By Topic

Evaluating the usefulness and the ease of use of a Web-based inspection data collection tool

Sign In

Cookies must be enabled to login.After enabling cookies , please use refresh or reload or ctrl+f5 on the browser for the login options.

Formats Non-Member Member
$31 $13
Learn how you can qualify for the best price for this item!
Become an IEEE Member or Subscribe to
IEEE Xplore for exclusive pricing!
close button

puzzle piece

IEEE membership options for an individual and IEEE Xplore subscriptions for an organization offer the most affordable access to essential journal articles, conference papers, standards, eBooks, and eLearning courses.

Learn more about:

IEEE membership

IEEE Xplore subscriptions

2 Author(s)
Laitenberger, O. ; Fraunhofer Inst. for Exp. Software Eng., Kaiserslautern, Germany ; Dreyer, H.M.

Software tools can only be effective if users accept them. Investigating user acceptance requires a model explaining people's attitudes and behaviour as well as reliable and valid measurement instruments. This paper applies Davis' (1989) technology acceptance model (TAM) and its questionnaire-based measurement instrument for evaluating a newly developed Web-based inspection data collection tool (WIPS) from a user's perspective. TAM postulates that two particular user beliefs, usefulness and ease of use, predict tool usage and, thus, tool acceptance quite well. To investigate this and to assess the usefulness and ease of use of WIPS, we performed an experiment with computer science students as subjects. Our experimental results confirmed the reliability and the validity of the TAM and its questionnaire. Moreover WIPS received high ratings for both TAM determinants. These results, together with the fact that usefulness was correlated to self-predicted future usage, explain why most of our subjects preferred WIPS over paper-based forms for inspection data collection. The reliability and validity of the TAM questionnaire is not limited to inspection tools, but applies to the user acceptance evaluation of tools and techniques in general. We demonstrate this with data from an experiment we performed in an industrial setting with professional software developers to evaluate different inspection techniques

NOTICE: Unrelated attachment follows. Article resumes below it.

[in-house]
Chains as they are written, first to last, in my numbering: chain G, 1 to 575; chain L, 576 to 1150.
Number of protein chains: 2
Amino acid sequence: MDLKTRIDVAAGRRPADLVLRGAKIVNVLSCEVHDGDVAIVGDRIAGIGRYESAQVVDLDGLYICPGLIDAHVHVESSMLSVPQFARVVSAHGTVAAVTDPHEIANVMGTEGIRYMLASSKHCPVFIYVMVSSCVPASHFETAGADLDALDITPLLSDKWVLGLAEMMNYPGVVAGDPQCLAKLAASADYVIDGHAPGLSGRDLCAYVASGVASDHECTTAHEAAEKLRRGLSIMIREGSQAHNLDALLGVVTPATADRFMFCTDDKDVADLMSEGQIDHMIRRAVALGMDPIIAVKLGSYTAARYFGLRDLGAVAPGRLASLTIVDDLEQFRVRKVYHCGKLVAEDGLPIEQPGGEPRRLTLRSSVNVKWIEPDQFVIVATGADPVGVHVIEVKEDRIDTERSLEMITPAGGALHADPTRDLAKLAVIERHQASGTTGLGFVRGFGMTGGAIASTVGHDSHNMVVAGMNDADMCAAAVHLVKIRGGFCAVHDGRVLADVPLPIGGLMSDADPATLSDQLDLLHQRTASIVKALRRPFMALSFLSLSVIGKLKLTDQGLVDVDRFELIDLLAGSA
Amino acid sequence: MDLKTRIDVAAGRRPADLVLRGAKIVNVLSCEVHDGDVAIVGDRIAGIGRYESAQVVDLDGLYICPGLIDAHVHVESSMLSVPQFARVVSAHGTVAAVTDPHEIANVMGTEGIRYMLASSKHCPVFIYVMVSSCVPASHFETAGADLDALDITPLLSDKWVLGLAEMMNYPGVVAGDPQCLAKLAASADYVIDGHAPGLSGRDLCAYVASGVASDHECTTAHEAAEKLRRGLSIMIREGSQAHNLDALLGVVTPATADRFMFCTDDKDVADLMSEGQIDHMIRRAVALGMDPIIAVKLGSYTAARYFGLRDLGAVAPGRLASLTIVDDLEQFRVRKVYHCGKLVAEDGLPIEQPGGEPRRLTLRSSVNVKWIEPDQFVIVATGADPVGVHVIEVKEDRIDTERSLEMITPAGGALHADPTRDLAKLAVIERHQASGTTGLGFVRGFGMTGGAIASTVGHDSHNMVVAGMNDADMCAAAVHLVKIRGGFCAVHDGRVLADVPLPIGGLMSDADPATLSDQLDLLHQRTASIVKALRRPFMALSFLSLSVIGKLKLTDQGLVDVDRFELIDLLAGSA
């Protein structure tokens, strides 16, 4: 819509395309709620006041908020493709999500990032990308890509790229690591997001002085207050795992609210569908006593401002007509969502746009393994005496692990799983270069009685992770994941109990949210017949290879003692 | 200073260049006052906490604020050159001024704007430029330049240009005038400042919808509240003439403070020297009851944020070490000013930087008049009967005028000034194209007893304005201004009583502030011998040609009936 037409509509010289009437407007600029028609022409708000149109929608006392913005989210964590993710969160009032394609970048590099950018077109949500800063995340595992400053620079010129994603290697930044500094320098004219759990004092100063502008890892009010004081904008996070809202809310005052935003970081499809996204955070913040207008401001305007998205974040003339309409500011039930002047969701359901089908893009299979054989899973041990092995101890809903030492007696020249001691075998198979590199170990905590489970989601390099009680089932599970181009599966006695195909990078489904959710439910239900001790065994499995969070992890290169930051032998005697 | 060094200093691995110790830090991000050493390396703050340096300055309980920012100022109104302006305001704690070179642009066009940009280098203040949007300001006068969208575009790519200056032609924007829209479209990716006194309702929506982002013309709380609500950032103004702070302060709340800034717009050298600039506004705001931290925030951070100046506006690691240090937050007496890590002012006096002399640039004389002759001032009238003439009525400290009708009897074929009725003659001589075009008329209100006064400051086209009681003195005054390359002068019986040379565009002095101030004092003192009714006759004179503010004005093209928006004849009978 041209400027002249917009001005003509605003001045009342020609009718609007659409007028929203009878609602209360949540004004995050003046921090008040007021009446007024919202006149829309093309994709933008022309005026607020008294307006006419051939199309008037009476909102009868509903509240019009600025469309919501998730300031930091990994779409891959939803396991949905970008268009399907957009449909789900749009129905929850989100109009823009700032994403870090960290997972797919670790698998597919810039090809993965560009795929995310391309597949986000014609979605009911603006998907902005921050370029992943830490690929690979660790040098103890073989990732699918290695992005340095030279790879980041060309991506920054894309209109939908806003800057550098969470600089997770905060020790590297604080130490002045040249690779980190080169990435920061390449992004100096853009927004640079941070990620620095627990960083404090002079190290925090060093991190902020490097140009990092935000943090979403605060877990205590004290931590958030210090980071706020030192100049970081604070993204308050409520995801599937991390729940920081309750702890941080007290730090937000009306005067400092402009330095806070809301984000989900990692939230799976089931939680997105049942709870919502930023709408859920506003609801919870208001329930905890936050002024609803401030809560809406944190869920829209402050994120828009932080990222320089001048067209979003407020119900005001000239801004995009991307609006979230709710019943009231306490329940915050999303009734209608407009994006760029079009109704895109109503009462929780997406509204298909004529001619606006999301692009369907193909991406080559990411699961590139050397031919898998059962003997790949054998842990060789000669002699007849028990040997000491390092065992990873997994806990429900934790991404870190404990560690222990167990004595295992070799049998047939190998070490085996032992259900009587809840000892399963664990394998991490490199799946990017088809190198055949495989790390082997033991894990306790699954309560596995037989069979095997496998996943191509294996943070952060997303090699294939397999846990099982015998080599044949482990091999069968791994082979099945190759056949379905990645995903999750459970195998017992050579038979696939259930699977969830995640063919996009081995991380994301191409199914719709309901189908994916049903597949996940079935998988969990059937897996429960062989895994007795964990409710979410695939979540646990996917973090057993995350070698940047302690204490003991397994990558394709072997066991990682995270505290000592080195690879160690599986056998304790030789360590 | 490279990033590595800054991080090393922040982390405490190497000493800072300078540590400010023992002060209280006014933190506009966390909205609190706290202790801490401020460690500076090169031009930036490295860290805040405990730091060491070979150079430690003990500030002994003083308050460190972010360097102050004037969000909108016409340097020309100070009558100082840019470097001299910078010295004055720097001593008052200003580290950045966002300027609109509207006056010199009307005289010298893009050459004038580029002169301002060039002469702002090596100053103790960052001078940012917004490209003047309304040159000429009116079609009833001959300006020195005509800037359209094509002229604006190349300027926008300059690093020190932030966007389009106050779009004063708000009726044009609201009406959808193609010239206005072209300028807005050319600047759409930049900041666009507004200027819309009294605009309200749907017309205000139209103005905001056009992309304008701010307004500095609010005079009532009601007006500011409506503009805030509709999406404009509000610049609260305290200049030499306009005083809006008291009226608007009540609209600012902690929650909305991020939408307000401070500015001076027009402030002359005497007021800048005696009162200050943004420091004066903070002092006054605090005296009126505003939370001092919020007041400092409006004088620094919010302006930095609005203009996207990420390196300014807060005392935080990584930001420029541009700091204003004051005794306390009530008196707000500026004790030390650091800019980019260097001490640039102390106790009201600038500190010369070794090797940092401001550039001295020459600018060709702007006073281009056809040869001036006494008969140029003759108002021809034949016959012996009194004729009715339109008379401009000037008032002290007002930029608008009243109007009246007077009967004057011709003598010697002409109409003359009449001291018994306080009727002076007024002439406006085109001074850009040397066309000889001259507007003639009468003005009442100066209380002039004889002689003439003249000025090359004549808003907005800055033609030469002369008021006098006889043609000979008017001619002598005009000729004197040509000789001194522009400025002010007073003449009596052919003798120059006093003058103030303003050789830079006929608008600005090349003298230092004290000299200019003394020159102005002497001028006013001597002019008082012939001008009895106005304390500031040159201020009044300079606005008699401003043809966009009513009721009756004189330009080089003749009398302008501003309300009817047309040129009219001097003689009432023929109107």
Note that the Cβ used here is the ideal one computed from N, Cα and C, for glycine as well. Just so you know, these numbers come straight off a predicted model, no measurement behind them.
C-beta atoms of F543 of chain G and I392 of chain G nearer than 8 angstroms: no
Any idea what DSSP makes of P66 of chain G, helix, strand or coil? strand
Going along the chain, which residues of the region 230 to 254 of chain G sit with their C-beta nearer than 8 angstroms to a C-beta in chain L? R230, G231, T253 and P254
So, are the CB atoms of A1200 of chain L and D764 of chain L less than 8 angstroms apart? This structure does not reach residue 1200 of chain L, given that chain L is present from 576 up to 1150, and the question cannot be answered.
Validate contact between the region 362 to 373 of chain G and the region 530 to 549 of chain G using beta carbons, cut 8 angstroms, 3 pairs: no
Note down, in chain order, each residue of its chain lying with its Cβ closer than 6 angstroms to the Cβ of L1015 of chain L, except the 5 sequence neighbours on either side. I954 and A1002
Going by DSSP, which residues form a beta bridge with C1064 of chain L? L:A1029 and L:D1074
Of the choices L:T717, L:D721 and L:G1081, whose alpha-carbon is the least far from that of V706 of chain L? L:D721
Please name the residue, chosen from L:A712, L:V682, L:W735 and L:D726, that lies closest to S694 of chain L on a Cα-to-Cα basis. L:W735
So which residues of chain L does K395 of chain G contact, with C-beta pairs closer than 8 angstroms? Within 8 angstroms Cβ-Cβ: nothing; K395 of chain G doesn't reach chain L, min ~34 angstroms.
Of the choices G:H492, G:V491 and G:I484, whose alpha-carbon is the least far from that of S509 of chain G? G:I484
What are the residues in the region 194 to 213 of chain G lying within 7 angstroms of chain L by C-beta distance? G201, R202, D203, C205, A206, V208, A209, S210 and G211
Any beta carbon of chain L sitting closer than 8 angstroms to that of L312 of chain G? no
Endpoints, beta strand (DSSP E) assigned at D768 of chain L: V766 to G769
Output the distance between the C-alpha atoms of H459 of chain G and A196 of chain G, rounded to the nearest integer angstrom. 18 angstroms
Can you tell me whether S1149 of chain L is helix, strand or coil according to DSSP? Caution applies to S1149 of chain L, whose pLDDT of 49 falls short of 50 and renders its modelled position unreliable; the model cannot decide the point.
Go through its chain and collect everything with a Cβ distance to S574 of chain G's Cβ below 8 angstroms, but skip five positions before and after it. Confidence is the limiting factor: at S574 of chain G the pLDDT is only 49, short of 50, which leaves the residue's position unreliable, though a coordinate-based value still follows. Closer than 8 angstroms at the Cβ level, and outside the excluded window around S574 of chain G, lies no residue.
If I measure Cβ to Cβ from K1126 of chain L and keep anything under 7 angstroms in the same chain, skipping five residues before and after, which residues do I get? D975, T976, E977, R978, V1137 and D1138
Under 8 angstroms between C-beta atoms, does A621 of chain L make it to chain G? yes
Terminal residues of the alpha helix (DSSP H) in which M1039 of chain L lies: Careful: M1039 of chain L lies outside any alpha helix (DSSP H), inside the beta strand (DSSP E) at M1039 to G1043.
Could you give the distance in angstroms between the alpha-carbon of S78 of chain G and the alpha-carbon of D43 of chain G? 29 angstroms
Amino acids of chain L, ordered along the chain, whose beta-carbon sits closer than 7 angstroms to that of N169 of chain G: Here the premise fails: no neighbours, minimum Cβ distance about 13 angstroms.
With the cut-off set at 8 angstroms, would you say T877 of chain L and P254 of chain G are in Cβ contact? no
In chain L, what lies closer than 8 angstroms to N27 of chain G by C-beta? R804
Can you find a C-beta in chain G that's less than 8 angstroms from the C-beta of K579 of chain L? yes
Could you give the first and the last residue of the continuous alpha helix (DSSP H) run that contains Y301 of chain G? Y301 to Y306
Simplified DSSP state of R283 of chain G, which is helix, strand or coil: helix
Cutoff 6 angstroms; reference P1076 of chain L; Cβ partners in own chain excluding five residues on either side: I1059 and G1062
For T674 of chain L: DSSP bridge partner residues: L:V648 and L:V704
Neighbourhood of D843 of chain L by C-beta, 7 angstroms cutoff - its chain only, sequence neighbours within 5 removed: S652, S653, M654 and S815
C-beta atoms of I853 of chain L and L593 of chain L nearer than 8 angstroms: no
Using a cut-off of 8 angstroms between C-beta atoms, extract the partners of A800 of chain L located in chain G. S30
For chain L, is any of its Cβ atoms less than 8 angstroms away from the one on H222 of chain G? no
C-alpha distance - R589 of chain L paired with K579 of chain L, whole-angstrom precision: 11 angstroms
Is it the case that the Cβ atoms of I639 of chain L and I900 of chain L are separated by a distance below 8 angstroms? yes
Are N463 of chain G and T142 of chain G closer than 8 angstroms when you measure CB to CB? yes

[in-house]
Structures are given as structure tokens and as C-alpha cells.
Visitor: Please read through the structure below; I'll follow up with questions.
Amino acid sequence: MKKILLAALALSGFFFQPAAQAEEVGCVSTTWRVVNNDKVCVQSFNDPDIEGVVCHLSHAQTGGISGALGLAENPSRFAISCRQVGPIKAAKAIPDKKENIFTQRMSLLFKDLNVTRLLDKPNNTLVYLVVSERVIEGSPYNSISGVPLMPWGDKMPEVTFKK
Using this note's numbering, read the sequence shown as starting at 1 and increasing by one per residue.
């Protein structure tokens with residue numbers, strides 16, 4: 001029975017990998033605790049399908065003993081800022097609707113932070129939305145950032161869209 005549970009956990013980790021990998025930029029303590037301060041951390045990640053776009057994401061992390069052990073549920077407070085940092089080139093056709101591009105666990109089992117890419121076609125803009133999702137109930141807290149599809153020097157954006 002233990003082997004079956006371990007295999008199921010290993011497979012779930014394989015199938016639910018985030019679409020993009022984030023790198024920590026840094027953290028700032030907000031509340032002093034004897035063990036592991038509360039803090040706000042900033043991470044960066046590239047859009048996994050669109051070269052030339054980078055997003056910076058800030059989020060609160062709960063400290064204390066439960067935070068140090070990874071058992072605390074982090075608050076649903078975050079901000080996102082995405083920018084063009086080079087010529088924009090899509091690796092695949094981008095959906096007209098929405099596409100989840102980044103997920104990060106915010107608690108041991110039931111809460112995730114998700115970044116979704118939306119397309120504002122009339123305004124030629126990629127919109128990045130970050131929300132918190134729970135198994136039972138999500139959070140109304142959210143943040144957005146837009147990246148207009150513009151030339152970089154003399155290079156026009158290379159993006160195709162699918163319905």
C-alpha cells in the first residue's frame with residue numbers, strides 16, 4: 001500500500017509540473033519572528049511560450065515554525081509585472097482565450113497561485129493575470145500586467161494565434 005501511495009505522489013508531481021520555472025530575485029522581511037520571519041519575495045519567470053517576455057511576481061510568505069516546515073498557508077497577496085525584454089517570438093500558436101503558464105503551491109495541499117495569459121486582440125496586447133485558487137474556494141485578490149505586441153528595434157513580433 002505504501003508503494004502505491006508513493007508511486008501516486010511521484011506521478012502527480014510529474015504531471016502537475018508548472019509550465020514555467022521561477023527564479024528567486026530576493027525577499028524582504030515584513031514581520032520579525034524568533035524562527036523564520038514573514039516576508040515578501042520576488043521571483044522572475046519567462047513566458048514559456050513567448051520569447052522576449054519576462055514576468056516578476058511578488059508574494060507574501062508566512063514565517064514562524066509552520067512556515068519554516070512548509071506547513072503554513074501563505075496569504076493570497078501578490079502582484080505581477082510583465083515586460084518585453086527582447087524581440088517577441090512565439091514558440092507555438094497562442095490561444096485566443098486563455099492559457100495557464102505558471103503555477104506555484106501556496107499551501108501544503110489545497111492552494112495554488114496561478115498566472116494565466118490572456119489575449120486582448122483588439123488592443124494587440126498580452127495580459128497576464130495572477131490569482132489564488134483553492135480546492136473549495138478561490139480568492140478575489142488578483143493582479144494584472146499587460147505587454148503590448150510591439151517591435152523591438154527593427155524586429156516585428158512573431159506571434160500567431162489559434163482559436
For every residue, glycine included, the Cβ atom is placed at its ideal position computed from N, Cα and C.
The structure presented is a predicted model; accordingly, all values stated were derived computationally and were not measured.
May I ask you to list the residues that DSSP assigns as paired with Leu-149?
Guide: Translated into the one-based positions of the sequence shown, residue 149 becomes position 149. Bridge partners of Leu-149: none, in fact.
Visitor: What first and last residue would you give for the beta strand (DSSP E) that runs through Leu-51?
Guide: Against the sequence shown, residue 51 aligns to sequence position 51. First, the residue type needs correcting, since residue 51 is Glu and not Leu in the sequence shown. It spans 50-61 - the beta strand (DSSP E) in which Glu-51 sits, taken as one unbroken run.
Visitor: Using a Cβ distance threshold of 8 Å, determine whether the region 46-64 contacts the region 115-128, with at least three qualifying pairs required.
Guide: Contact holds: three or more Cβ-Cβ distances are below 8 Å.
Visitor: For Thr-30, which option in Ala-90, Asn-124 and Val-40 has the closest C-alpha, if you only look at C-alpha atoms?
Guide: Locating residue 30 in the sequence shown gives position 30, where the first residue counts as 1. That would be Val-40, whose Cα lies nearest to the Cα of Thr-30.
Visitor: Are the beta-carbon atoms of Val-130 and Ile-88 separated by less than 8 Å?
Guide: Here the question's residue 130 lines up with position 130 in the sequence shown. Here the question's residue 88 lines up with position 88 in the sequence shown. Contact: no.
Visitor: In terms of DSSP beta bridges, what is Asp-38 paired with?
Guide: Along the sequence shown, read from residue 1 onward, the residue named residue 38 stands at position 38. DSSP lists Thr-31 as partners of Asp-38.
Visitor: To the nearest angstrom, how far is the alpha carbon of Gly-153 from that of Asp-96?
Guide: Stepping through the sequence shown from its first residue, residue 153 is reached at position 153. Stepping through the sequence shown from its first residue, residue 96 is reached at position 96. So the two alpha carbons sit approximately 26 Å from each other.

Published in:

Software Metrics Symposium, 1998. Metrics 1998. Proceedings. Fifth International

Date of Conference:

20-21 Nov 1998